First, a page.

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Unformatted text preview: The point is that morphological rates of evolution can be very different in both tempo and mode in different lineages of organisms. Some of the between-group differences are real and some are an artifact of temporal scale . Gingerich recorded rates of change in selection experiments, colonization events, post-Pleistocene changes and long-term changes (domains I, II, III, IV in table figure below) and plotted them against the measurement interval in years. The clear relationship indicates that changes measured over short time spans exaggerate the changes one might predict if carried out for a long time. There are reversals of morphological trends and periods of no change (="stasis"; next lecture) that reduce the rate of change when averaged over a long time period....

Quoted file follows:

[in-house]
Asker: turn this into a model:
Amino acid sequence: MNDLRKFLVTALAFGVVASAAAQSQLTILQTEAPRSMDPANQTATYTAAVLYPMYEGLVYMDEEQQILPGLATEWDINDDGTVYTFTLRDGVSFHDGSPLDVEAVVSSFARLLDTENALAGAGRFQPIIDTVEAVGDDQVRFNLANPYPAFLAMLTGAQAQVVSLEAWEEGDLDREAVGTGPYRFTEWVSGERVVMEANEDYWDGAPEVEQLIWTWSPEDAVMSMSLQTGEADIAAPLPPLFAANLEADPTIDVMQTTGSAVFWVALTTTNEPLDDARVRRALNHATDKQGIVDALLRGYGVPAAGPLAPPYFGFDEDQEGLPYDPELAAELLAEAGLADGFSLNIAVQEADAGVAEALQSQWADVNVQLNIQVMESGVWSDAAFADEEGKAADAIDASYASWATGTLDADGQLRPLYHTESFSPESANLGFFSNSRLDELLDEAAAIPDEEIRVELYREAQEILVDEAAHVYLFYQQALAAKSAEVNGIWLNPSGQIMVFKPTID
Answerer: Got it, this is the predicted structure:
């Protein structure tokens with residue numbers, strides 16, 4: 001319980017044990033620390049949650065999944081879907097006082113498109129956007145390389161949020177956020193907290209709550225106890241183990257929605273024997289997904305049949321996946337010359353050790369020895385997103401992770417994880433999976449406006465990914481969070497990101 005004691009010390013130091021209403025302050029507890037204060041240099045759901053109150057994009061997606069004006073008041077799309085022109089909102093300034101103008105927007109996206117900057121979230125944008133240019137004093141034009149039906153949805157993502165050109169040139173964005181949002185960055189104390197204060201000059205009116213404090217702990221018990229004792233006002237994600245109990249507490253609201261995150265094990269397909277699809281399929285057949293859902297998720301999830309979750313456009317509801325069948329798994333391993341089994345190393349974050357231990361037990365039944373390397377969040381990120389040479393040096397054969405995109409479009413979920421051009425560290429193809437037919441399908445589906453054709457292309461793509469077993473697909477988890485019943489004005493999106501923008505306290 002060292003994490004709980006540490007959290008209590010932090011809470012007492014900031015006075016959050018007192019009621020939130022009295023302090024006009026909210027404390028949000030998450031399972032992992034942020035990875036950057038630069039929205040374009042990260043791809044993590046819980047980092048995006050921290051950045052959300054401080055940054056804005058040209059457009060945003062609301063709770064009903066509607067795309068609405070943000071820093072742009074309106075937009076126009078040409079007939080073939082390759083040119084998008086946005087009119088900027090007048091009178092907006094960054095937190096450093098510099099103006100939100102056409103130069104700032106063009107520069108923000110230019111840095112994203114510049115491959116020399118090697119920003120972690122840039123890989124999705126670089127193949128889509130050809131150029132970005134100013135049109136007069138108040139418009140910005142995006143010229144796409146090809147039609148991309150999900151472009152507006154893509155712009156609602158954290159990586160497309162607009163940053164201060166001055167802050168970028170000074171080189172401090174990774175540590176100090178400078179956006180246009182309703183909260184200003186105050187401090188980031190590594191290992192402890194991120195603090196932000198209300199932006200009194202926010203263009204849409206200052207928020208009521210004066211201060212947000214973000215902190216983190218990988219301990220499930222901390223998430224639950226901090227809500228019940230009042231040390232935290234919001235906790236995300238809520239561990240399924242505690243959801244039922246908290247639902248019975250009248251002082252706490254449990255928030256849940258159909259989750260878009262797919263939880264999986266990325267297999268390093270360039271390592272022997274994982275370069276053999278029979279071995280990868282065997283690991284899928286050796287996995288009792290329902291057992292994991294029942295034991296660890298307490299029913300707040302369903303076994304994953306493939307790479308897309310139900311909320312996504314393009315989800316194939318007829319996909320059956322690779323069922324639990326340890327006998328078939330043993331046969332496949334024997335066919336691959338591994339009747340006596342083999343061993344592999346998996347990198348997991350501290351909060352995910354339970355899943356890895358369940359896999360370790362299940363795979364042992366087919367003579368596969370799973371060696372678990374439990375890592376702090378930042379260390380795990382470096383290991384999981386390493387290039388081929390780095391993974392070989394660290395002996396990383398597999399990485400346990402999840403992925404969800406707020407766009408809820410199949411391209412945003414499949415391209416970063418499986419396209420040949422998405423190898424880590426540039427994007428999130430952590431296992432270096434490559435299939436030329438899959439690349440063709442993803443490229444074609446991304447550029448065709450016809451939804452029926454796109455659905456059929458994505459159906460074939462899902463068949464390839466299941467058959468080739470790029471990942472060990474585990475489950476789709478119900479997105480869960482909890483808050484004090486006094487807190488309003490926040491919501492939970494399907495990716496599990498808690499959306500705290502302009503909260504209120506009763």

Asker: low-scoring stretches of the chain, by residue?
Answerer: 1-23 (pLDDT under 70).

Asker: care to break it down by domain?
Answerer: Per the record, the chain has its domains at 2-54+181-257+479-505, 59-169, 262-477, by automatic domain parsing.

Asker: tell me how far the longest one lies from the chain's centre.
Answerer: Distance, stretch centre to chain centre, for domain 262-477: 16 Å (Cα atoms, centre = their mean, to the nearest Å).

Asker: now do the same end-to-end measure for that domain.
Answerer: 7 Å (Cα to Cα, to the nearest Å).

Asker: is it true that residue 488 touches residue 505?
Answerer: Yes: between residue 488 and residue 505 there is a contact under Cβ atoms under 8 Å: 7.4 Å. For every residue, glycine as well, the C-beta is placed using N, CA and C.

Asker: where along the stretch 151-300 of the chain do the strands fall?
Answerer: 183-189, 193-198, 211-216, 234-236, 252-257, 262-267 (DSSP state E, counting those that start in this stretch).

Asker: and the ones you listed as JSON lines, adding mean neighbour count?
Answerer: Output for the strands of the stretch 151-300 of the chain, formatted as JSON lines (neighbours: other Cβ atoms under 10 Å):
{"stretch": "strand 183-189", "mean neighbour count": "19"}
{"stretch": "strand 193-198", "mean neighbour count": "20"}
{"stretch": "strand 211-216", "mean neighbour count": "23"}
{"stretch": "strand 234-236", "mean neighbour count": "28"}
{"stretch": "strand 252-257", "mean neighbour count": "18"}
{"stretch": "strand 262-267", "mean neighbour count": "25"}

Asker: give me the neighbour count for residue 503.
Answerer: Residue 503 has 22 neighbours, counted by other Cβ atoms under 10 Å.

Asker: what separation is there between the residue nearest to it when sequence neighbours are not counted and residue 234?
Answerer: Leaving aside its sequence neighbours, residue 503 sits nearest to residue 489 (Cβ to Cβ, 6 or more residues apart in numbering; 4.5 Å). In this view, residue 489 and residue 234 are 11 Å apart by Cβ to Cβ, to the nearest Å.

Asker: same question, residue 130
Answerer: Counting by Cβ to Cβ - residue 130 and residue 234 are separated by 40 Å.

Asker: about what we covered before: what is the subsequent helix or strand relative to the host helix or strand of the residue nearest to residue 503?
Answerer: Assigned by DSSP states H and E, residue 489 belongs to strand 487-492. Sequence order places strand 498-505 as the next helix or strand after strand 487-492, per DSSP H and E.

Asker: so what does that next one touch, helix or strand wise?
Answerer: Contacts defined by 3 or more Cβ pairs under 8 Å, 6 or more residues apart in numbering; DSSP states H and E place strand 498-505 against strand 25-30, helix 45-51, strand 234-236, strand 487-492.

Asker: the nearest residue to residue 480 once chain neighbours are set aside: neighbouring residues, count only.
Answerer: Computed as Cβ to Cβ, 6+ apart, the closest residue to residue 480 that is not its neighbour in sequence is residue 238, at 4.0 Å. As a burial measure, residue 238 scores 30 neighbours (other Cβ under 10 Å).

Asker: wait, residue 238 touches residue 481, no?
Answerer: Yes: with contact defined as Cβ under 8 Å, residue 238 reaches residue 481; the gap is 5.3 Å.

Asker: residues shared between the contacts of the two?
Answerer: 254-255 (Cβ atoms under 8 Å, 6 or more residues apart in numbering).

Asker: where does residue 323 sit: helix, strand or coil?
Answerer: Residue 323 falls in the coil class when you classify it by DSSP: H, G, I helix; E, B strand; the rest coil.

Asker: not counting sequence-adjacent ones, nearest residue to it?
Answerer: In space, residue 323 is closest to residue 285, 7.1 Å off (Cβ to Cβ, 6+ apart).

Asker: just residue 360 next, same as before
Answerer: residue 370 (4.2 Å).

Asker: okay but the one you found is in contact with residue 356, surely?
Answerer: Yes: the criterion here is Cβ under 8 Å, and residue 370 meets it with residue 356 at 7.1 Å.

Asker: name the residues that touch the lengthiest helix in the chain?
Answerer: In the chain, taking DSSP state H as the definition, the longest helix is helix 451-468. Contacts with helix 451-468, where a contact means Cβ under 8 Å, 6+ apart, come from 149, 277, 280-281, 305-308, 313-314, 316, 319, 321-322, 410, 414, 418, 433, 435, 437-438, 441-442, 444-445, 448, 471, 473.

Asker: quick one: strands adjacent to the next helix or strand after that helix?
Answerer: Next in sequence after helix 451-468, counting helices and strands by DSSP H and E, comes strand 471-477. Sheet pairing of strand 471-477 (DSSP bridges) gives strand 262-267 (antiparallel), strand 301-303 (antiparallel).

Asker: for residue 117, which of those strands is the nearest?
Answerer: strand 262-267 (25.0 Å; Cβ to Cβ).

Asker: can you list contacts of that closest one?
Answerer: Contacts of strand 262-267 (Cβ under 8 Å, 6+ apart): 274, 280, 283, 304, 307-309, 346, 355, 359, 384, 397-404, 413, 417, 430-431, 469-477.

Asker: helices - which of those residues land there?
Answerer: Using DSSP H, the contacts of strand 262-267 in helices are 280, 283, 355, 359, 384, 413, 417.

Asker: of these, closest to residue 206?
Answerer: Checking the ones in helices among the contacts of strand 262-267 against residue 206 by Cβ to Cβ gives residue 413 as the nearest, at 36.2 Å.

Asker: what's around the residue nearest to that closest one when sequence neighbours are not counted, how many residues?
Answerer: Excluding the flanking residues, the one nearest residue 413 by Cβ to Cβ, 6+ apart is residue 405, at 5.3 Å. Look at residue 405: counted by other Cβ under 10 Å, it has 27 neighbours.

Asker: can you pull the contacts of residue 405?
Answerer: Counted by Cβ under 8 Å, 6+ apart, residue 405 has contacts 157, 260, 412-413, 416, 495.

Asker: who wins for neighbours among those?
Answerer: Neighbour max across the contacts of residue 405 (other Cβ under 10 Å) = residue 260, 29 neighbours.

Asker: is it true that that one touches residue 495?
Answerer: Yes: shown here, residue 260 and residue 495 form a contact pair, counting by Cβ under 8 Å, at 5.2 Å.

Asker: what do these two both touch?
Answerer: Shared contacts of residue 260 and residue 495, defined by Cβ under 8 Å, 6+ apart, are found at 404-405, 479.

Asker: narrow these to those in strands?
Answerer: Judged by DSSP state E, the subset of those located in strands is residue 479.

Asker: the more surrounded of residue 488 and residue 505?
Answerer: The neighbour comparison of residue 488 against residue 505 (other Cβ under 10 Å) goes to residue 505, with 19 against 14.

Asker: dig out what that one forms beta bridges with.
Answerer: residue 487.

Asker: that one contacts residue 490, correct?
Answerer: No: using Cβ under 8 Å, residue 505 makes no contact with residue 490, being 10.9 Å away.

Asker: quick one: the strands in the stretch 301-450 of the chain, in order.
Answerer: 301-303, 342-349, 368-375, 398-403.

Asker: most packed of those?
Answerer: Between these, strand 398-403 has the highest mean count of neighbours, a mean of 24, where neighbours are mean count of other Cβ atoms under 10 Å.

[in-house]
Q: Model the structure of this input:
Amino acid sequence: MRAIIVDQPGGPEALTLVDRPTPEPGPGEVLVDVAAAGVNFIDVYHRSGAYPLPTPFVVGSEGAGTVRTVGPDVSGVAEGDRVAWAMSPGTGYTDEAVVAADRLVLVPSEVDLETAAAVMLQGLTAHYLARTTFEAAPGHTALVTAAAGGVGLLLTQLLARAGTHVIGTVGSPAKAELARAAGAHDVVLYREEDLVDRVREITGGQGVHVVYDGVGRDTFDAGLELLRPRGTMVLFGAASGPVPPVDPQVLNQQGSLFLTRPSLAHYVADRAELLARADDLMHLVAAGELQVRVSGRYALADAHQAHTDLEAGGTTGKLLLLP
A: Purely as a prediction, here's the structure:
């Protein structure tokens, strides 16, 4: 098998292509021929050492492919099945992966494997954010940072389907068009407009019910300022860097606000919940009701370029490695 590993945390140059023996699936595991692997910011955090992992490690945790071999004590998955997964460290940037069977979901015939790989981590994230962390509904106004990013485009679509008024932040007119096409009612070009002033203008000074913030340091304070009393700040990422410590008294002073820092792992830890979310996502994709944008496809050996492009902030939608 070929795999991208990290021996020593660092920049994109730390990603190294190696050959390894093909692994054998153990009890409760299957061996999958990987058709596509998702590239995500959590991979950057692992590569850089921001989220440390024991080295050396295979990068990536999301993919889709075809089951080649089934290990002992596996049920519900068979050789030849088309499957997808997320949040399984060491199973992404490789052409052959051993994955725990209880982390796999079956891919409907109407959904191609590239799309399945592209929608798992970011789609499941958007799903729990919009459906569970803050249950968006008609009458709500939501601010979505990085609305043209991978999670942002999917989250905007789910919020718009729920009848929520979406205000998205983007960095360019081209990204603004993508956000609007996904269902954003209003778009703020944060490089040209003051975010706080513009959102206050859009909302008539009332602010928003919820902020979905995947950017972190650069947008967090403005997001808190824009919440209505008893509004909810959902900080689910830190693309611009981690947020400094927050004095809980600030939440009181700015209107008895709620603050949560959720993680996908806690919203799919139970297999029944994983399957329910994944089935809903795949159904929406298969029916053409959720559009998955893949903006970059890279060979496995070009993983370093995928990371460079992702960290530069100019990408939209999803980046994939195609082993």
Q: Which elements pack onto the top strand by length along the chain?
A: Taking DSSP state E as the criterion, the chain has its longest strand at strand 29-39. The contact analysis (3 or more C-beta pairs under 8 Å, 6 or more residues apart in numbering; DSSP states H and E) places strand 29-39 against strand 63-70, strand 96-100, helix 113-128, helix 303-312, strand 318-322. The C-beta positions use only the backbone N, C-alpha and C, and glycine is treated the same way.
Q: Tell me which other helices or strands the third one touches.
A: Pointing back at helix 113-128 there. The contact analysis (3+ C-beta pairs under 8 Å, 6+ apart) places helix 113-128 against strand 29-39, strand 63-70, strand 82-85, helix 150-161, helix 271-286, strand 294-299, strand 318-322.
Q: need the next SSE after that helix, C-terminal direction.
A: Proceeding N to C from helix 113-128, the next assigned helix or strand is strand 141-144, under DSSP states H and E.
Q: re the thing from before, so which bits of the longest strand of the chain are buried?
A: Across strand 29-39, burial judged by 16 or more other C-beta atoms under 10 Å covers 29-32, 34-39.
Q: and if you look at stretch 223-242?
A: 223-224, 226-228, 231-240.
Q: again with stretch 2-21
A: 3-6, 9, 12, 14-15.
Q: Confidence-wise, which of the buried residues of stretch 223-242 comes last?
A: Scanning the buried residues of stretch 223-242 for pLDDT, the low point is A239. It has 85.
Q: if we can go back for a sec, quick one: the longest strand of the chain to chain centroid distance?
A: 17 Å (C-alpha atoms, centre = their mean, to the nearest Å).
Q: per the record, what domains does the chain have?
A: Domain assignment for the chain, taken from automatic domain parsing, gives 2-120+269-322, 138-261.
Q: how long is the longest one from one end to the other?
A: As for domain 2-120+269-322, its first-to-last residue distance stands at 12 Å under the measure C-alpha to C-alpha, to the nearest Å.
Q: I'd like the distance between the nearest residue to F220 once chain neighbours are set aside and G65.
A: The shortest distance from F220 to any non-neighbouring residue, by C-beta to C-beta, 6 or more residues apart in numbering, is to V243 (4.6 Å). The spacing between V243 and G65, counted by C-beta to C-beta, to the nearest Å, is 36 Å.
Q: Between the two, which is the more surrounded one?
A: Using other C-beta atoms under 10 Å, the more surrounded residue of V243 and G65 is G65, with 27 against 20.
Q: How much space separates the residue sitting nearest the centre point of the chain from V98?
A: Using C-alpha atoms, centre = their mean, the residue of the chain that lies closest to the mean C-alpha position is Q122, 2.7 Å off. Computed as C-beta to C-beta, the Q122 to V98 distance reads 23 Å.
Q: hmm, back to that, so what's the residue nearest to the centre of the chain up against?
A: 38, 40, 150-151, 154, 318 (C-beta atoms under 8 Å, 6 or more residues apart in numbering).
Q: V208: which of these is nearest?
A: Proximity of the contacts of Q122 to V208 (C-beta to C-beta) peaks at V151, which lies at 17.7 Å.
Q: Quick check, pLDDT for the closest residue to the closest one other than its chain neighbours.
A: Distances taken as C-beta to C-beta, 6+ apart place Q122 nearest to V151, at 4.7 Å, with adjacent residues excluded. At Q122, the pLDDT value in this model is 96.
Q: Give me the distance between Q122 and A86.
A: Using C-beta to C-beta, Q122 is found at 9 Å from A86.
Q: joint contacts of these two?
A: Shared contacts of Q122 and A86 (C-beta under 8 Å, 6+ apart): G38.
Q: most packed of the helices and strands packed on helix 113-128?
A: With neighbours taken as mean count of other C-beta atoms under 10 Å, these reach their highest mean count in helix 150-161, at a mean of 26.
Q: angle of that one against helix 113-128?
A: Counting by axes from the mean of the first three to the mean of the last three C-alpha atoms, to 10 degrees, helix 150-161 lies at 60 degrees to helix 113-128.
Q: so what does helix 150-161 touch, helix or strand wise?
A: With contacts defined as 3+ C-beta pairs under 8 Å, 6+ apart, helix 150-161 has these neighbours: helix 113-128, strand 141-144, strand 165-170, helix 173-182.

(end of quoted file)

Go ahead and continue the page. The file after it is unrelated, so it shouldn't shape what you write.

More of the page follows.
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This note was uploaded on 11/06/2011 for the course BIO BSC1010 taught by Professor Gwenhauner during the Fall '10 term at Broward College.
- Fall '10